What’s the difference between condos, lofts, and townhomes?
A condominium buyer owns the space within his or her individual unit; the common parts of the property, such as the land, building structure, etc., are owned jointly by the unit owners. Each of the condo owners within a property belongs to an owners’ association which manages the complex and collects monthly association fees in order to maintain the common areas. Because unit owners do not own the land beneath their unit, condominium units are often stacked on top of each other.
Townhome buyers own their individual housing unit as well as the ground beneath that unit. Similar to condo owners, townhome residents belong to a homeowner’s association and pay monthly fees in exchange for the general maintenance of common outdoor areas. Townhomes are usually a series of units that are linked to each other horizontally by common walls.
Traditionally, a loft buyer owned a large, open space above a commercial or industrial space. Loft living originated in Paris, and was usually owned by artists as a combination residence and studio. Over the past 100 years, however, loft living has evolved and is defined as any apartment-like units with open floor plans, huge windows, and exposed fixtures, in an urban setting.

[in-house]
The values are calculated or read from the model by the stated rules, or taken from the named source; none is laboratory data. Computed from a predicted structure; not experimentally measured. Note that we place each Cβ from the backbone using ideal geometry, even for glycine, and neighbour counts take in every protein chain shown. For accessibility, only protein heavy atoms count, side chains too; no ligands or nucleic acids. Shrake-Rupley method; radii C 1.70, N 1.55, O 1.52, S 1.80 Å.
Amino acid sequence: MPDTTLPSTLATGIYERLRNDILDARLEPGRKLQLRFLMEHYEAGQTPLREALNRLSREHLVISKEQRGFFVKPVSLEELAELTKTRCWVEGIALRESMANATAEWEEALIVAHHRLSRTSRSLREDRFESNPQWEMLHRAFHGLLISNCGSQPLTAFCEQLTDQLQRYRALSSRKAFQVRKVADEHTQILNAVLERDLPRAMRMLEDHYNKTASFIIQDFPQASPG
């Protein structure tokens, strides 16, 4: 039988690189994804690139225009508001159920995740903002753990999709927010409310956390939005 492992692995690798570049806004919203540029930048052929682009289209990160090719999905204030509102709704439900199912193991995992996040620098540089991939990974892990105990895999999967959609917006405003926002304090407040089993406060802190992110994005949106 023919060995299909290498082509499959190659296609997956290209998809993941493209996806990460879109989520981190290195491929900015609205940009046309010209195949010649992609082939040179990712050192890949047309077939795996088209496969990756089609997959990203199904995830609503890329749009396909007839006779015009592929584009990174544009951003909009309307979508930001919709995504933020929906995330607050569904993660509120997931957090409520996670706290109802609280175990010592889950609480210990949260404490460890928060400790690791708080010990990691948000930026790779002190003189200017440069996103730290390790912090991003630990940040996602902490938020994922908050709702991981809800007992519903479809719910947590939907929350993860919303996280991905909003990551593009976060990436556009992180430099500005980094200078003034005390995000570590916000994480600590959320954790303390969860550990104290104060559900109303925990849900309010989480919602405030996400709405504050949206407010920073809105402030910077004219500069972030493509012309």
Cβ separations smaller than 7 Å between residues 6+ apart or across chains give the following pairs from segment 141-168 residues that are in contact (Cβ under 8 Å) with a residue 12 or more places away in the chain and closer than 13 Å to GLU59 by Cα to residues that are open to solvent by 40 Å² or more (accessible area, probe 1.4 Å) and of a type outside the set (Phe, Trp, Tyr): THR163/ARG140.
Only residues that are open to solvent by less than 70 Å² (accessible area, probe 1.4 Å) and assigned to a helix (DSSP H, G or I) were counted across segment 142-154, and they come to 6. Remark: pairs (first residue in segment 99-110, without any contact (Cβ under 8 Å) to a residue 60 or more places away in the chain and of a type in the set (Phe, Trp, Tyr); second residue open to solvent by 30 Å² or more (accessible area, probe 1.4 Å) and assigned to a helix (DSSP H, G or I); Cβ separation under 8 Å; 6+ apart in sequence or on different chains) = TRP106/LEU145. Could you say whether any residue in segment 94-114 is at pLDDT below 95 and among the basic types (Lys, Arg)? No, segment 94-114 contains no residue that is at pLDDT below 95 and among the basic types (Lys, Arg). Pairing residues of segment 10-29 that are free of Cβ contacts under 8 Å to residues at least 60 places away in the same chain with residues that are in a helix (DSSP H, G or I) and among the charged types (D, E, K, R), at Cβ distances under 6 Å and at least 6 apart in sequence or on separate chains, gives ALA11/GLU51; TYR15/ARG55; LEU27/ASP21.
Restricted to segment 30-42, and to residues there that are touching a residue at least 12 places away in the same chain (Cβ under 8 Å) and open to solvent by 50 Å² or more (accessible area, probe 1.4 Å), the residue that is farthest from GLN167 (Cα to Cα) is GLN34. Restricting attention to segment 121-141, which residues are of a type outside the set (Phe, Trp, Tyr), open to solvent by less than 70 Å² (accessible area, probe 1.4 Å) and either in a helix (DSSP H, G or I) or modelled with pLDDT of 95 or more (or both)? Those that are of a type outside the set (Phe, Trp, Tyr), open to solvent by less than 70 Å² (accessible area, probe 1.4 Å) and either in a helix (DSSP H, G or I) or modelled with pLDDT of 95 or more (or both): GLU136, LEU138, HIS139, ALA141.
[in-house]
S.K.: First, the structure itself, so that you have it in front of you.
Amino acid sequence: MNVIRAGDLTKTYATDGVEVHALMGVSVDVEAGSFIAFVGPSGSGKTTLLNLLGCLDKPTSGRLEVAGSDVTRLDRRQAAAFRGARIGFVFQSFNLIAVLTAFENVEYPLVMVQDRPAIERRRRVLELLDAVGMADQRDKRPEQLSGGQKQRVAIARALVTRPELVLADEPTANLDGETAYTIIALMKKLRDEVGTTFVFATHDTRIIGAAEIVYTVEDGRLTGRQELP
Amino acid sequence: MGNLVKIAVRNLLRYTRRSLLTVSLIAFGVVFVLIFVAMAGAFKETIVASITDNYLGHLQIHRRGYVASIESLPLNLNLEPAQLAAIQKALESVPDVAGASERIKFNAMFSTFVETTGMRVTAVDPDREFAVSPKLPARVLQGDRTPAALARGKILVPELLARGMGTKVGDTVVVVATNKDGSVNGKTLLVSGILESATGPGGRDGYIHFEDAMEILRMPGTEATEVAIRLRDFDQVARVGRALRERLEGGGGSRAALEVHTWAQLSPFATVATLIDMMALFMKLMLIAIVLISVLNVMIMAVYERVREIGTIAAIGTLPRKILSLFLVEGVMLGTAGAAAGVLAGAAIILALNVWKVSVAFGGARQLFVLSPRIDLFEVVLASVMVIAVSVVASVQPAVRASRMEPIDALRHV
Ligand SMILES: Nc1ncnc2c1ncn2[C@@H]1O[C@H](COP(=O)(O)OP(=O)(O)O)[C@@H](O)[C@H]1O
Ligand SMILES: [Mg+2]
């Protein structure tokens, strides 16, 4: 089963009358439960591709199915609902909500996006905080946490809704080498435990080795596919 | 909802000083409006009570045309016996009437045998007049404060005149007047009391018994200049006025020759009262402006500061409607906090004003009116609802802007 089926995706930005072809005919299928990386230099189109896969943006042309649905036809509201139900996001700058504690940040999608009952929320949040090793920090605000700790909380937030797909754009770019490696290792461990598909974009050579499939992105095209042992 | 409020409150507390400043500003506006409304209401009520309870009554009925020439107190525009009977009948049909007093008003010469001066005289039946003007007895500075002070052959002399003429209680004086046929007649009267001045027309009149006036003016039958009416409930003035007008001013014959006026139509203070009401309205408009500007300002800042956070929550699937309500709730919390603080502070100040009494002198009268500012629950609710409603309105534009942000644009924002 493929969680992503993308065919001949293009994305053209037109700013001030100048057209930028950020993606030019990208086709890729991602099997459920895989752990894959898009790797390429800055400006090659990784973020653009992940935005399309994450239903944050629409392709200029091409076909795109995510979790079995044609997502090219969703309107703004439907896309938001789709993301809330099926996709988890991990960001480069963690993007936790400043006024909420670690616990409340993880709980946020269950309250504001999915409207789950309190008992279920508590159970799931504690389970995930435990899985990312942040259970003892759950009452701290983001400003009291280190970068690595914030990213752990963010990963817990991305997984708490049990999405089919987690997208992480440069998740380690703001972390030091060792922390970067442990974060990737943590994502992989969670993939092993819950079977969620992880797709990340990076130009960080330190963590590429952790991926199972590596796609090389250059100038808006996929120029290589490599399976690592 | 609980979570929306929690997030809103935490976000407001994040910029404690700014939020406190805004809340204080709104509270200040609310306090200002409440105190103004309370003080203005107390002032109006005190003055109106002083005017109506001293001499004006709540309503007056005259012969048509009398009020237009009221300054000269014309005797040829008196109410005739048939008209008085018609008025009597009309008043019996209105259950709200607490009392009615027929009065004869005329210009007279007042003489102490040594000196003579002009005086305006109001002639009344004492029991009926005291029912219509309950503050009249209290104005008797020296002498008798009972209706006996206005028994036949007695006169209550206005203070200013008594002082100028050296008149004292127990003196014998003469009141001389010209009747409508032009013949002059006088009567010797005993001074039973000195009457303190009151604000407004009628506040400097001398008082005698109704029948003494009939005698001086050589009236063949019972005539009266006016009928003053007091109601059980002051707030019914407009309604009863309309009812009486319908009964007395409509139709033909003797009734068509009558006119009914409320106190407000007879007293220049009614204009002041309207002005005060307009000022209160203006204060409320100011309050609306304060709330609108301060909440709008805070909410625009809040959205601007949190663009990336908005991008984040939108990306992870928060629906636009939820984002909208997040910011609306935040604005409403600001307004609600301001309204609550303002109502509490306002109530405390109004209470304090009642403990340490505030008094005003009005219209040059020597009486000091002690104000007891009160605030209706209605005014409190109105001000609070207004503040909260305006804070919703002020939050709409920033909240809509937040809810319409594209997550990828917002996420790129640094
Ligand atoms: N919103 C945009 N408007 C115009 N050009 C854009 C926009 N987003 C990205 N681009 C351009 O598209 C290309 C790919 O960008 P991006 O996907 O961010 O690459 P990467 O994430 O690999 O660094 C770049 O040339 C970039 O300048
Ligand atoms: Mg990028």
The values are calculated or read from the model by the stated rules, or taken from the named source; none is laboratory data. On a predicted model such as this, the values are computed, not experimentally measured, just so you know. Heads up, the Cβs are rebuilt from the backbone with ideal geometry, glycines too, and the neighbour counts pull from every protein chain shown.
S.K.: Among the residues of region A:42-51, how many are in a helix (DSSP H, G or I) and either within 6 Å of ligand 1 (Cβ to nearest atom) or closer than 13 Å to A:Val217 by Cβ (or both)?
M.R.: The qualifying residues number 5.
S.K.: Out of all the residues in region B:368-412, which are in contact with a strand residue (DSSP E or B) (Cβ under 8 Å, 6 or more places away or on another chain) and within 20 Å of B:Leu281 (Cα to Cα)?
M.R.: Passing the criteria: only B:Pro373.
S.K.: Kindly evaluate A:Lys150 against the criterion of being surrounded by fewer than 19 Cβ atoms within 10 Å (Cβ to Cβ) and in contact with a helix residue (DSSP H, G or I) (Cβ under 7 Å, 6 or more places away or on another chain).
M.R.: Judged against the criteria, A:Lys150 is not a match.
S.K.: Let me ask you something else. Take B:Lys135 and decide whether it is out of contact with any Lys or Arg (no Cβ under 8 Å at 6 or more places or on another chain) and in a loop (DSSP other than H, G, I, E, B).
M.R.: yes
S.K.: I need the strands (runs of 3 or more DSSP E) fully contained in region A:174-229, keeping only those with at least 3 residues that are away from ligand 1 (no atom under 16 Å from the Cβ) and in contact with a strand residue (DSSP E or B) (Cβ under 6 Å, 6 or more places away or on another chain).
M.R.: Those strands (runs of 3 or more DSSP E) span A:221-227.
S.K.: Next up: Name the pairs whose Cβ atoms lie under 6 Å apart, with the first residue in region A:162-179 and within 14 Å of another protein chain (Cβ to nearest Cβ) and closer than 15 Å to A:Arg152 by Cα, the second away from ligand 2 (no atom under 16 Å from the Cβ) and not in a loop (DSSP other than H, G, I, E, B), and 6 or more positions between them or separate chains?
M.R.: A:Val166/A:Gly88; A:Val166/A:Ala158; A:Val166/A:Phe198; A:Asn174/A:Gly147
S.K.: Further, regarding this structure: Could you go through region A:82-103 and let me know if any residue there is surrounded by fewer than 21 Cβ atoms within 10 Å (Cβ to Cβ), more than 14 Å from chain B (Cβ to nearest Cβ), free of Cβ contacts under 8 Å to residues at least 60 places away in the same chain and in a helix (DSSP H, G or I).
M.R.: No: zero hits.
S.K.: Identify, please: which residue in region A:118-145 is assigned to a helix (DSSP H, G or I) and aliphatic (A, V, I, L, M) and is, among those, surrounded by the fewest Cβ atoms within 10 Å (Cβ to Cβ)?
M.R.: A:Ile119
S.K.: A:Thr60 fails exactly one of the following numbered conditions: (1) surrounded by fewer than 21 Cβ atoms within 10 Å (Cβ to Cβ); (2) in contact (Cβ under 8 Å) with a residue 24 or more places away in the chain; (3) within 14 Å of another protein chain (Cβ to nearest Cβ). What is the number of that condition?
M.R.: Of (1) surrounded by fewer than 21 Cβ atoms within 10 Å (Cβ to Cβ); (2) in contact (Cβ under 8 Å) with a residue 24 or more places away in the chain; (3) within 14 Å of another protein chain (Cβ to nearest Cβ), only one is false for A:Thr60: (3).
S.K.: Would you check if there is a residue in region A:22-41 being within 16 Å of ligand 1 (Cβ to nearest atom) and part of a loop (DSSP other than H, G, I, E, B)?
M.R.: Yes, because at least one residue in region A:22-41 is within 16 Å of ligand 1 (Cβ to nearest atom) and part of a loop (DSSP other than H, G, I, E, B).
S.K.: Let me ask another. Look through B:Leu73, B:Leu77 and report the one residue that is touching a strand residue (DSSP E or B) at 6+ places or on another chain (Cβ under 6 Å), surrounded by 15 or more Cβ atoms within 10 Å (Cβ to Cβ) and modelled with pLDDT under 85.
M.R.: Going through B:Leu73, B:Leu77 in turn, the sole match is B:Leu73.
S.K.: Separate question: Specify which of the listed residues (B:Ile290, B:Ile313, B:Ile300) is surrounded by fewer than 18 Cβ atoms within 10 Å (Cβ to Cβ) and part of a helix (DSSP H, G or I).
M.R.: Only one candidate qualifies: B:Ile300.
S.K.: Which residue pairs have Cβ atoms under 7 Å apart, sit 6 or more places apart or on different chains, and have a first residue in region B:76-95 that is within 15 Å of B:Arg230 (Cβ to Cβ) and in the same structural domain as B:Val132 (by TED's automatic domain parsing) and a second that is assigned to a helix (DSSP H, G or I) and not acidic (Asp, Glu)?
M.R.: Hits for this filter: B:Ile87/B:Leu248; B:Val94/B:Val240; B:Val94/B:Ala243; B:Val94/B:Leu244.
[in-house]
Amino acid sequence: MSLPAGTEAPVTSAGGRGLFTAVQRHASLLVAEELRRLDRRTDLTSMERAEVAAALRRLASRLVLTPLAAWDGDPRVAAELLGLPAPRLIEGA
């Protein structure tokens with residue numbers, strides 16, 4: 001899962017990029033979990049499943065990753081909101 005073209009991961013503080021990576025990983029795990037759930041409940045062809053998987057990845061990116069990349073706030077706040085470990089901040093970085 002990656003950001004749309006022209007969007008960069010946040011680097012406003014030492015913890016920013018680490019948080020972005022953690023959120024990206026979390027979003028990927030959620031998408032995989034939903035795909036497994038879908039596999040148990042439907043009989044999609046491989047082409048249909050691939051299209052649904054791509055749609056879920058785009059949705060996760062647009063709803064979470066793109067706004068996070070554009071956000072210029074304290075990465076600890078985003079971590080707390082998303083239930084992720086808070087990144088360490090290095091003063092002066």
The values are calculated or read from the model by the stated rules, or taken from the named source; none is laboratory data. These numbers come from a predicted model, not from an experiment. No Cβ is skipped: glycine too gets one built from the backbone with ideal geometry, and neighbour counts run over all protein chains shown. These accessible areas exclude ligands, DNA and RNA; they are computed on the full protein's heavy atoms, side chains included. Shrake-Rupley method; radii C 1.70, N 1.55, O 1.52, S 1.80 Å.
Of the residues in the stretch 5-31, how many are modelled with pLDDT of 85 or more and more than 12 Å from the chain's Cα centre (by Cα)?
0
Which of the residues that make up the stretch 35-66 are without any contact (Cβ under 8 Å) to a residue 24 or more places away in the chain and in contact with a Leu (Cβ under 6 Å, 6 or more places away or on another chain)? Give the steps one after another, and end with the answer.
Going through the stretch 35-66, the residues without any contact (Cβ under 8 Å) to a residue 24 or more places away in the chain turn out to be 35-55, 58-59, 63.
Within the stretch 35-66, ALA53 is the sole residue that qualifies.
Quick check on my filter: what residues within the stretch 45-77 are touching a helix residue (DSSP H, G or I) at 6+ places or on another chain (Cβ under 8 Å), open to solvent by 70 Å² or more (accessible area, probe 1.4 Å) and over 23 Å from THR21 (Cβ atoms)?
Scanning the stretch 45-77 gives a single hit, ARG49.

What is Green Construction?
Green building uses design techniques, materials and technologies meant to minimize a building’s impact on the environment, both in its construction and its continuing operation.
A Green building lowers both environmental impact and costs by using sustainably harvested or recycled materials durable enough to last generations. Green buildings also avoid toxic materials and are designed to minimize construction debris and indoor pollutants.